The crux of this lesson is for students to identify characteristics from two works of literature from the same time period and examine how they treat similar themes. In The Great Gatsby, author F. Scott Fitzgerald presents class differences as a major stumbling block for Gatsby in his pursuit of Daisy. In "The Love Song of J. Alfred Prufrock," the speaker appears to face the same dilemma as he frets over missed opportunities in wooing a woman of some means. Additionally, both works reflect a realistic portrayal of unrequited love--although Gatsby seemingly has the affections of Daisy, their relationship takes on the appearance of affectations rather than affections. Essentially, both these units examine the sometimes misguided and hopeless pursuit of the American Dream--an overarching theme in Modernist works.
In this short section of the lesson, we do some grammatical review. I call it the Daily Language Practice. I put two sentences with grammatical mistakes on the projector or overhead. The class writes the sentences on paper. I then solicit the class to volunteer which errors they see. This is a great activity to begin class. It allows for a smooth segue to English class, and it offers a great review of grammar for the SATs.
This activity is CCSS aligned as it demonstrates command of the conventions of standard English grammar and usage when writing or speaking.
Teacher uses the attached link to show the SAT Question of the Day on the projector. Teacher engages students in a whole-class discussion on finding strategies to answer the question.
I assign students one vocabulary word from a list of words in the poetry unit, which I teach alongside the latter part of The Great Gatsby. The vocabulary list has words on one side and definitions and other information on the other. Students will find their word in the poetry as we read and determine the meaning through context. If needed, I will instruct students to look up the word in the dictionary if further clarification is necessary. As we come upon the selected vocabulary words in the poetry, the student assigned to the word will offer his or her definition. It should be noted that context may be difficult because this is poetry; however, we move forward anyway and use roots and connotations to arrive at meaning.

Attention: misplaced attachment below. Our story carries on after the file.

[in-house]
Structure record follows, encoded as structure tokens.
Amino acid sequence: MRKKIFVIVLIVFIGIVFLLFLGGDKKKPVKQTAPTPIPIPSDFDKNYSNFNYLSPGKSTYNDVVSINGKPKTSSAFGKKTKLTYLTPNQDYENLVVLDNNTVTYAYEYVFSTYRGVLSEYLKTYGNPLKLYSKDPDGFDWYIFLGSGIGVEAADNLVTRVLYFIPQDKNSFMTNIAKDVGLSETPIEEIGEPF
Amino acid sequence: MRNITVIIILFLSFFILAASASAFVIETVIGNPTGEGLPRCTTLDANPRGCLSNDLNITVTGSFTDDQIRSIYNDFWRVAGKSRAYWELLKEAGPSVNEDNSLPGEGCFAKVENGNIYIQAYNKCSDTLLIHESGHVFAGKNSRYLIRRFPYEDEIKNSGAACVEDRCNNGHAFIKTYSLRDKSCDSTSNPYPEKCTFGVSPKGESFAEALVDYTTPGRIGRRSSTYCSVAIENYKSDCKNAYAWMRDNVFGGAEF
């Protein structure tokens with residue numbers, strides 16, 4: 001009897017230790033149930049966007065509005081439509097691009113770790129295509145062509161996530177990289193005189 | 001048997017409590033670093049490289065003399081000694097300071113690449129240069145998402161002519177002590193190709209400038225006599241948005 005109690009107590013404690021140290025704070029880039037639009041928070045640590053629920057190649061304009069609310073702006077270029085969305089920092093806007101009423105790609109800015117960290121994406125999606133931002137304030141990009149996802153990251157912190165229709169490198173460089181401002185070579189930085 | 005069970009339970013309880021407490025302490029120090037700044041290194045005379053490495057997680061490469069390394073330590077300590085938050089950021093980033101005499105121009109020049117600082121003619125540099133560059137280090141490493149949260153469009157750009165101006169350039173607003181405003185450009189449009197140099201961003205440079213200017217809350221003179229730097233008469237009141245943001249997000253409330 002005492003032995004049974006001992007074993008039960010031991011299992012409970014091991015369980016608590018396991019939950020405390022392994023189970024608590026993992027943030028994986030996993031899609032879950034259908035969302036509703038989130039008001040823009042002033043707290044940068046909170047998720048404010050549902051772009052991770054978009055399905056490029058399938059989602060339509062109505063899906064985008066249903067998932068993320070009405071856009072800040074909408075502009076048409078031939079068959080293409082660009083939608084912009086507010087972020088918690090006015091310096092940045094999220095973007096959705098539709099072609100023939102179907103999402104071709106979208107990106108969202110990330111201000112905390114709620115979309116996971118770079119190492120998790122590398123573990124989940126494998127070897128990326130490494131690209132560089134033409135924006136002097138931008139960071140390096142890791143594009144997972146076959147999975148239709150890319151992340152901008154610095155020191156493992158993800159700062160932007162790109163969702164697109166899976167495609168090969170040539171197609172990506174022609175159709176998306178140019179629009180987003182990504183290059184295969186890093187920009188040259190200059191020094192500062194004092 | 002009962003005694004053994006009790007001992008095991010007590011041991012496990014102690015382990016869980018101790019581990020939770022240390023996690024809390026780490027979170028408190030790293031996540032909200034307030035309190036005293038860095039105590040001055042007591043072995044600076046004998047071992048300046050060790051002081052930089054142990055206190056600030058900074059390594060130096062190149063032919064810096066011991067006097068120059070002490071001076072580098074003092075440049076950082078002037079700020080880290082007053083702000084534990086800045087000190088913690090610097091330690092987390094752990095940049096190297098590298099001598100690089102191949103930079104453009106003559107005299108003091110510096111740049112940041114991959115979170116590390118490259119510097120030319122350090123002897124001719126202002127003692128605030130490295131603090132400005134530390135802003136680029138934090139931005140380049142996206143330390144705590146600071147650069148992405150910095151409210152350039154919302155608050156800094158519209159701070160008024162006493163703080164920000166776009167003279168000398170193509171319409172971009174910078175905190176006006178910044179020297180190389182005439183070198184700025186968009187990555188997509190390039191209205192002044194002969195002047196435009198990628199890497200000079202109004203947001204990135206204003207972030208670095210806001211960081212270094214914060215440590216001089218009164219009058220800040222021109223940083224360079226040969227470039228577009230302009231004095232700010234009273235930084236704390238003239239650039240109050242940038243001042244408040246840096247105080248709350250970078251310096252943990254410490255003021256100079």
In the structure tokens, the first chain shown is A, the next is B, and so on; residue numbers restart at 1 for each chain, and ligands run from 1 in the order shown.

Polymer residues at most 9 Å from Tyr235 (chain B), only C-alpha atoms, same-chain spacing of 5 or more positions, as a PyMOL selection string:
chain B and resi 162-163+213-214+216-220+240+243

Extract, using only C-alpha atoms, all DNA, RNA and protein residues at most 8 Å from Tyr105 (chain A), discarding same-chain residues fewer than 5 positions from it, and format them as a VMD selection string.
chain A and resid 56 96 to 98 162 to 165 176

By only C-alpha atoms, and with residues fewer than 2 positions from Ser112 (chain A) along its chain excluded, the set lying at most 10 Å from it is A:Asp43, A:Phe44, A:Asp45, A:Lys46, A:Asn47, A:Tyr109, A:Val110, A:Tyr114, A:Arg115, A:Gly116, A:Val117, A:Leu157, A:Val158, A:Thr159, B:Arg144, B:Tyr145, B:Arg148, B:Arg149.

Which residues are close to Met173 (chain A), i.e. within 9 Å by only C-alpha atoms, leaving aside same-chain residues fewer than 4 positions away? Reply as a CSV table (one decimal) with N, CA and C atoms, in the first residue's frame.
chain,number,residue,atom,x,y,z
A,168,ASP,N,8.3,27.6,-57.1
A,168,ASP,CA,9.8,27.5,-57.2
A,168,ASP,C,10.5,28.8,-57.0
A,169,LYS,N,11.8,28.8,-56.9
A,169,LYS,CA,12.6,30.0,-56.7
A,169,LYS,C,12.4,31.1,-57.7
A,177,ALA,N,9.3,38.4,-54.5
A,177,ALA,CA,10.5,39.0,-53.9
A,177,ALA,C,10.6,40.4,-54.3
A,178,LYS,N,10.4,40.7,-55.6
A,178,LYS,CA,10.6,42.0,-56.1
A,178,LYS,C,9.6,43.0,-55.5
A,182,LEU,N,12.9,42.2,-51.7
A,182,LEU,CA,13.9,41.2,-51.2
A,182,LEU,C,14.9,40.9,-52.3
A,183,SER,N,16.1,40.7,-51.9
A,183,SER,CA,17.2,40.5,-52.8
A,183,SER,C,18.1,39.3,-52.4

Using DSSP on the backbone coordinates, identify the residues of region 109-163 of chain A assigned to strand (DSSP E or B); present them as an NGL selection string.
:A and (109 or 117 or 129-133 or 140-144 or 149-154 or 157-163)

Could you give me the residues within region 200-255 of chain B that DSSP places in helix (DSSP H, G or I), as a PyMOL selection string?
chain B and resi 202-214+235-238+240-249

To reinforce the meanings of words, I will instruct students to create flashcards of all words by writing the word and definition on one side of the flashcard. They also include the connotative meaning of the word or what the word sounds like as related to its definition. The also provide a synonym and antonym, and they use it in a sentence.
On the other side of the flashcard, students create a graphic representation of the word's meaning. This assignment is done for homework. For the first 10 minutes of every class until the vocabulary test (given one week after distribution of vocabulary list), I will give students an opportunity to flip through their flashcards with a partner to reinforce definitions. I chose the selected words based on those words that I thought students would have trouble with. Many words are necessary to understand the poems or they are just words that we really don't use any more, such as,
For homework, students read the poem and answered questions regarding "The Love Song of J. Alfred Prufrock." I play the attached video of T.S Eliot reciting the poem with accompanying visuals to help students comprehend the events of the poem. Following a whole-class discussion with regard to the major points of the poem, I ask students to review the notes that they took on the T.S. Eliot the day before. (I simply go through the questions and randomly pull a popsicle stick to choose a student.)
I then ask students to find four examples from Prufrock (text evidence) that exemplify the characteristics of modernism: break from the literary traditions of the past, reflect realities of twentieth century (non-romanticized version of life), and showcase the uncertainties of modern life. Depending on the level of the class, I may have to offer hints, but I want students to see that Prufrock has a very realistic view of himself and the women, "How is hair is growing thin!" (Prufrock) and "Arms that are braceleted and white and bear/ But in the lamplight, downed with light brown hair!"
Structurally, the meter does not have a prescribed length, and there is no rhyme scheme, which demonstrates a break from the literary past. As far as expressing the uncertainties of modern life, Prufrock in the poem is lamenting his tendency to procrastinate and be overly cautious.
Finally, I ask students to draw some parallels to Gatsby. Specifically, both men pursue a women out of their league and there appears to be a class difference. Prufrock is described as wearing "morning coat" and "collar mounting firmly to the chin" indicating that he may be a butler.
These responses are recorded in a quick write. I may have students work with a partner if they seem to struggle finding answers.